A spokesman for the Israel Defense Forces' coordinator of government activities in the territories said an exception was made because the man's life was apparently in danger.

The man will be required to renew the IDF-issued residence permit monthly until the Interior Ministry rules on his five-year-old application for a more permanent status.

Some 120 protesters picketed Prime Minister Gordon Brown's residence in London on March 22 demanding that Mehdi Kazemi not be deported to Iran, where he fears he'll be executed for being Gay.

"There needs to be a fundamental reform of the way the Home Office processes LGBTI asylum applications," said protest co-organizer Peter Tatchell. "The government refuses to explicitly rule that homophobic and transphobic persecution are legitimate grounds for granting asylum. This signals to asylum staff and judges that claims by LGBTI people are not as worthy."

Kazemi went to London to study in 2005 and Iran later charged his boyfriend, Parham, with sodomy and executed him, according to Kazemi's father.

Kazemi then sought asylum in Britain but was rejected. In 2006, he fled to the Netherlands, which detained him and is preparing to return him to the UK.

The UK had planned to fly Kazemi back to Iran as soon as he returned to Britain but, following media coverage and political pressure, the Home Office has agreed to review his case one more time before forcing him to go home.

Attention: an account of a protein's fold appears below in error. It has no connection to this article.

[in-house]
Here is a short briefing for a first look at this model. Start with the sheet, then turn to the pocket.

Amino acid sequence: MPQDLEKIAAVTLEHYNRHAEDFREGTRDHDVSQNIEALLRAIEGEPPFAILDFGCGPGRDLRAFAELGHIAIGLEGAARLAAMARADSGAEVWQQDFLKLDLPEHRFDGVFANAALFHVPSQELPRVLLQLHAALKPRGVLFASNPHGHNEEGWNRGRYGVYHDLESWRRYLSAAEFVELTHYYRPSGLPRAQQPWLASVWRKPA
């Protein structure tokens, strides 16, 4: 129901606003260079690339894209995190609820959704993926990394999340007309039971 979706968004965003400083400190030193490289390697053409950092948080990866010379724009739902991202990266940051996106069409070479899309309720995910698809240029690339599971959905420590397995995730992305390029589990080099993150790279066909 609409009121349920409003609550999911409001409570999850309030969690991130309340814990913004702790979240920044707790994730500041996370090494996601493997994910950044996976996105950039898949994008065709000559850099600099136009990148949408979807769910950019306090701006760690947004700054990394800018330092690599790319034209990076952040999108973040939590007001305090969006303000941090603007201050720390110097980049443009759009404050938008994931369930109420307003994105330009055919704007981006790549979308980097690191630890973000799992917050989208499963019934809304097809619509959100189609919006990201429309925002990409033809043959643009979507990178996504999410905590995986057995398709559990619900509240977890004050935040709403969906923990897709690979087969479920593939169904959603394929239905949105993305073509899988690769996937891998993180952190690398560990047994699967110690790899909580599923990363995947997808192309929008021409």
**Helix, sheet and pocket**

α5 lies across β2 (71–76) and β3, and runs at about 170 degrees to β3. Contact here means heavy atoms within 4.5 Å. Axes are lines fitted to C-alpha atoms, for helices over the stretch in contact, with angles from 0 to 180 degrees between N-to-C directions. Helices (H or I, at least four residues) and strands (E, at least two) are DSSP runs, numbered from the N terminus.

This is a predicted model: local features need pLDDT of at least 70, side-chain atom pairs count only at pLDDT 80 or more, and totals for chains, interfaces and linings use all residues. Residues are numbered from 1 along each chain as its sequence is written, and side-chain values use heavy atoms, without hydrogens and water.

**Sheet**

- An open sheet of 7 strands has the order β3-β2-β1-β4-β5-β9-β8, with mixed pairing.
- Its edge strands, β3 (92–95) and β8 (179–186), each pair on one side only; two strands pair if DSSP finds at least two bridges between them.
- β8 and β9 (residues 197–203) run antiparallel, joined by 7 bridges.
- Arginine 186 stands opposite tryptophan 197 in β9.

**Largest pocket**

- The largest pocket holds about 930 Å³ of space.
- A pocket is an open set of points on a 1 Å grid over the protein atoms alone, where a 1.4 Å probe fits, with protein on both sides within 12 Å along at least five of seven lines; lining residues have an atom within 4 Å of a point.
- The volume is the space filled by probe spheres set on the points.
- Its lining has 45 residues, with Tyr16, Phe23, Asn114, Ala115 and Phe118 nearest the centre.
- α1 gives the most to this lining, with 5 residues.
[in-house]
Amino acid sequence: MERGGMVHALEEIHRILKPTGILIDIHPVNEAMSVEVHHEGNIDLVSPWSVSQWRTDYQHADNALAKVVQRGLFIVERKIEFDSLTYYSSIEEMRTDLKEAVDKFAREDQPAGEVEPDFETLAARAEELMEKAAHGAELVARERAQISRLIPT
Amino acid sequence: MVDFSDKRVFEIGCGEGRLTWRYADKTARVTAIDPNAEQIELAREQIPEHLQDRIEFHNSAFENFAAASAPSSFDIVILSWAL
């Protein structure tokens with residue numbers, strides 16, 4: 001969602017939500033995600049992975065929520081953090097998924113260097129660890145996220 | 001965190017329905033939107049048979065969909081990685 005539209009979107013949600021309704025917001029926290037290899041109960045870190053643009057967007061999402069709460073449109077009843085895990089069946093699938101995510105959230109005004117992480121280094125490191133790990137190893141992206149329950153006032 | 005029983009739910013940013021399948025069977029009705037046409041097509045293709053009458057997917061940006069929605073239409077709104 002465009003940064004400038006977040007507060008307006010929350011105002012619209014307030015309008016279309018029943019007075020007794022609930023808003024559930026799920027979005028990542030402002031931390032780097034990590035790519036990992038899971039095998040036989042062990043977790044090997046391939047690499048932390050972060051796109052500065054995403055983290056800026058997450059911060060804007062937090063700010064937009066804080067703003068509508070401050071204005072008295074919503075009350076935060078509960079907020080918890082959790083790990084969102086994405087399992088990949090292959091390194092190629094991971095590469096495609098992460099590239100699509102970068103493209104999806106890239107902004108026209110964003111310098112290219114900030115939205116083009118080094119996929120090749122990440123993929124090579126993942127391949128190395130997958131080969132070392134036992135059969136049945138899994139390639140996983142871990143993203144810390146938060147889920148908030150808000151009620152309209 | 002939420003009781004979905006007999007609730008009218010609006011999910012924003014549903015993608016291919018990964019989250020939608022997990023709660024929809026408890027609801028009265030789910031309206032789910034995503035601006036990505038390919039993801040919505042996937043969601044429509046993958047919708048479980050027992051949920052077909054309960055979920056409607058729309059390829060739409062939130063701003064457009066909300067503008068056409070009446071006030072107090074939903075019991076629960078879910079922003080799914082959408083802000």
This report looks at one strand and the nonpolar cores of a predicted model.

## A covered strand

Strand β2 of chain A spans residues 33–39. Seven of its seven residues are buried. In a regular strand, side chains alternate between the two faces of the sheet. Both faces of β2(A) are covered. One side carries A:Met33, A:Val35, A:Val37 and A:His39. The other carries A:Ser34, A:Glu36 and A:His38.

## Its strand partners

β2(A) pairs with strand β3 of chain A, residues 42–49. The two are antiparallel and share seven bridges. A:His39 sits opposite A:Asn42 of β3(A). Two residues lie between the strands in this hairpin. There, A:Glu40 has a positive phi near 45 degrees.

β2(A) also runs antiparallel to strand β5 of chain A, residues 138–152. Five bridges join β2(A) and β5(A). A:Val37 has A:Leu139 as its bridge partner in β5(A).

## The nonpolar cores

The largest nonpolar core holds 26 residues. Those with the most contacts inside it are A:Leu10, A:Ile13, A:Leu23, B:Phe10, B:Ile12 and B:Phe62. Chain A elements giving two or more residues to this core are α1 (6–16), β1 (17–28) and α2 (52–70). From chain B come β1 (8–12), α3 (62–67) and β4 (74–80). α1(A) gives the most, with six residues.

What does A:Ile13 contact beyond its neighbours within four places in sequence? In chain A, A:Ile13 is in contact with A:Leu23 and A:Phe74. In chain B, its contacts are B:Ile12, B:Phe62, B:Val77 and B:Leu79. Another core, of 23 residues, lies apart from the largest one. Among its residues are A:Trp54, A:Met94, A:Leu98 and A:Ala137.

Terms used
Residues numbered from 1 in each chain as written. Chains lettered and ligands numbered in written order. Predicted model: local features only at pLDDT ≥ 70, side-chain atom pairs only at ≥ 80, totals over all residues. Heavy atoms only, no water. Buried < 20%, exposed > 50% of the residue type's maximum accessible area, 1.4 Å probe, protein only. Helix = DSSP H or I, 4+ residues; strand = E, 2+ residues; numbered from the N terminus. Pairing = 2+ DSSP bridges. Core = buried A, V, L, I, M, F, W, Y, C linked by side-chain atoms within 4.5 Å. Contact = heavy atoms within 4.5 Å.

"My father [said] the authorities had executed Parham and that I must not return to Iran as the authorities would do the same to me," Kazemi said in a recent statement. "Parham was charged with [the] crime [of] being homosexual."

According to Kazemi's father, Parham named Mehdi as his lover prior to his execution.

Iran is known to have executed several teens and men accused of engaging in sodomy, although in nearly all the cases that have been publicized in recent years the individuals were accused of other crimes as well, such as rape.

The International Gay and Lesbian Human Rights Commission has said it believes additional charges are tacked onto sodomy cases to prevent the public outrage that would accompany executions carried out solely for the crime of consensual adult Gay sex. The group also has said that executions solely for Gay sex likely are taking place out of the public eye.